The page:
ReplyDelete
    Replies
    1. lol! thank you bede'm :D

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  10. I've always loved cooking and experimenting in the kitchen but Dobby has turned me into a pro kitchen scientist. There's always something to try (and nail) from this site. You are really good girl. Keep going.

    ReplyDelete
    Replies
    1. Awww!!! Thanks Oma :)

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  11. I luv ur blog......but I'm in Ghana, our foods are very similar but the spices really make the difference. I find it so hard to find alto of the spices you mentionedđŸ˜¡

    ReplyDelete
    Replies
    1. Thanks abla :). Our foods are definitely similar so it's possible to find the spices. The only difference might be the local names it's known as in Ghana.

      Delete
  12. Anonymous12:22 pm

    very inviting meal

    ReplyDelete
  13. I can't stop SALIVATING! CHINEKE!!!! Dobby! Ogini sef!!

    ReplyDelete
    Replies
    1. lol! i can send some to you nj :D

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  14. teekay3:07 pm

    Dobby, I love the presentation of your banga soup. I believe that by "tbsp" you mean tablespoon, doesn't it? Thanks

    ReplyDelete
    Replies
    1. Yes it does teekay.

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  15. Your step by step illustrations with pictures is what keeps me glued to your site. Am glad I met you my mentor

    ReplyDelete
    Replies
    1. Thank you yeda :). Glad to have you here

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  16. You are an inspiration. I love ur step by step graphical illustrations. My favourite site, may God bless you.

    ReplyDelete
    Replies
    1. Thank you yeda. God bless you too :)

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  17. Hello, Dobby, jut discovered this site by mistake. I luv it. I am a Cameroonian but we have the same meals like the efik people and I am married to a naija (Ibo) man. So, you can see I am quite at home with these foods. I love cooking and I am looking forward to trying your recipes. Good job. Your site is exquisite. Clean and clear recipes, good pictures. Nothing to add. Go girl. Kuddos.....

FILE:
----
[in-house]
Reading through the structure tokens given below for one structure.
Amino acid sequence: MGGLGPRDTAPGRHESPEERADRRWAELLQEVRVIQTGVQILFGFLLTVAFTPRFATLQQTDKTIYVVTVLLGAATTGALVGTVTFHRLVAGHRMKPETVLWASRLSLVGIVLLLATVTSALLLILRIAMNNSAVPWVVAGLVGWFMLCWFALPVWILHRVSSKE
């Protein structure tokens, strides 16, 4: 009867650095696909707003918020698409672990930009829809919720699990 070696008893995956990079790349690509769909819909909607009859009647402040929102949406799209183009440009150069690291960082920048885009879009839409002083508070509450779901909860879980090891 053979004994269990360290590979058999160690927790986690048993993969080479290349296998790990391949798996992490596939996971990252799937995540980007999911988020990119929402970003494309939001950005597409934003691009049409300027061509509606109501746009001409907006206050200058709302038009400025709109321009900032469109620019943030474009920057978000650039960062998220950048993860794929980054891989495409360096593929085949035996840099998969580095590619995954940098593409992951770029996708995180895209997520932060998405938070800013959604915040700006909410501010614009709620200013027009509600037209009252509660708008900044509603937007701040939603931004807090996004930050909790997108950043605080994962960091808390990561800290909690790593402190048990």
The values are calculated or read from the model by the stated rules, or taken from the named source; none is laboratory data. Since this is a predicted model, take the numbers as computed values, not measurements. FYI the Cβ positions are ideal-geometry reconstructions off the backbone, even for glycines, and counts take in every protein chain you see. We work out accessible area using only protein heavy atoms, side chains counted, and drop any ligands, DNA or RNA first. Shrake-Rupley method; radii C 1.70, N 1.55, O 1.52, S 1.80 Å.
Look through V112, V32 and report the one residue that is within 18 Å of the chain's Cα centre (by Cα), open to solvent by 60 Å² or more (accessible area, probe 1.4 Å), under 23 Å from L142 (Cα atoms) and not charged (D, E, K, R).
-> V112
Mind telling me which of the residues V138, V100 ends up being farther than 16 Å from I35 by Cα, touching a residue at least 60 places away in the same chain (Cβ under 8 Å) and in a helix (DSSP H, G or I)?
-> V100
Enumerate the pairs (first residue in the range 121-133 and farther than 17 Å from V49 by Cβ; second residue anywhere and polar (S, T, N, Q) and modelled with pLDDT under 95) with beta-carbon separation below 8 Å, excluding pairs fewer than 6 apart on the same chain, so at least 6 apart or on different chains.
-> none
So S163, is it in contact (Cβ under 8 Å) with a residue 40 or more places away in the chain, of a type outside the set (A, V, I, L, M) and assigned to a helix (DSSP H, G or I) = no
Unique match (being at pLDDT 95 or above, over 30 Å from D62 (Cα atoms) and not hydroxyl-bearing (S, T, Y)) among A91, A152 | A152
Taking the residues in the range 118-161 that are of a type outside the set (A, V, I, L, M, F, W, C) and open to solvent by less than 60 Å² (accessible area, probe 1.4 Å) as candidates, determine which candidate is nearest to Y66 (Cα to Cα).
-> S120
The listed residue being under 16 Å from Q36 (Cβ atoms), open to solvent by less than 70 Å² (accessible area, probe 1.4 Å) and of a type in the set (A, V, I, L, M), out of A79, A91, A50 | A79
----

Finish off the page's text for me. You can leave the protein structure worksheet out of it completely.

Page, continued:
ReplyDelete
    Replies
    1. Glad to have you here onege. Thanks a lot for the compliments, i really do appreciate. *Hugs*

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  18. I craved for this food so bad when I was pregnant.. Omg! I called most of the nigerian restaurant in the town where I live.. And none of them has this on their menu!

    ReplyDelete
    Replies
    1. Cravings...i can imagine.

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  19. Anonymous7:03 am

    Hi, lovely recipe u got dere, pls I'm working on a project that has to do with banga soup spices. Pls can u give me the botanical names of ataiko, rogoje and oburunbebe stick...I'll be most grateful...thanks

    ReplyDelete
  20. Anonymous7:05 am

    Hi, nice recipe u got dere,pls I'm working on a project that has to do with banga soup spices.I'll be most grateful if u can give me the botanical names of ataiko, rogoje and oburunbebe stick....thanks alot..

    ReplyDelete
    Replies
    1. Working on names of spices currently Anon.

      Delete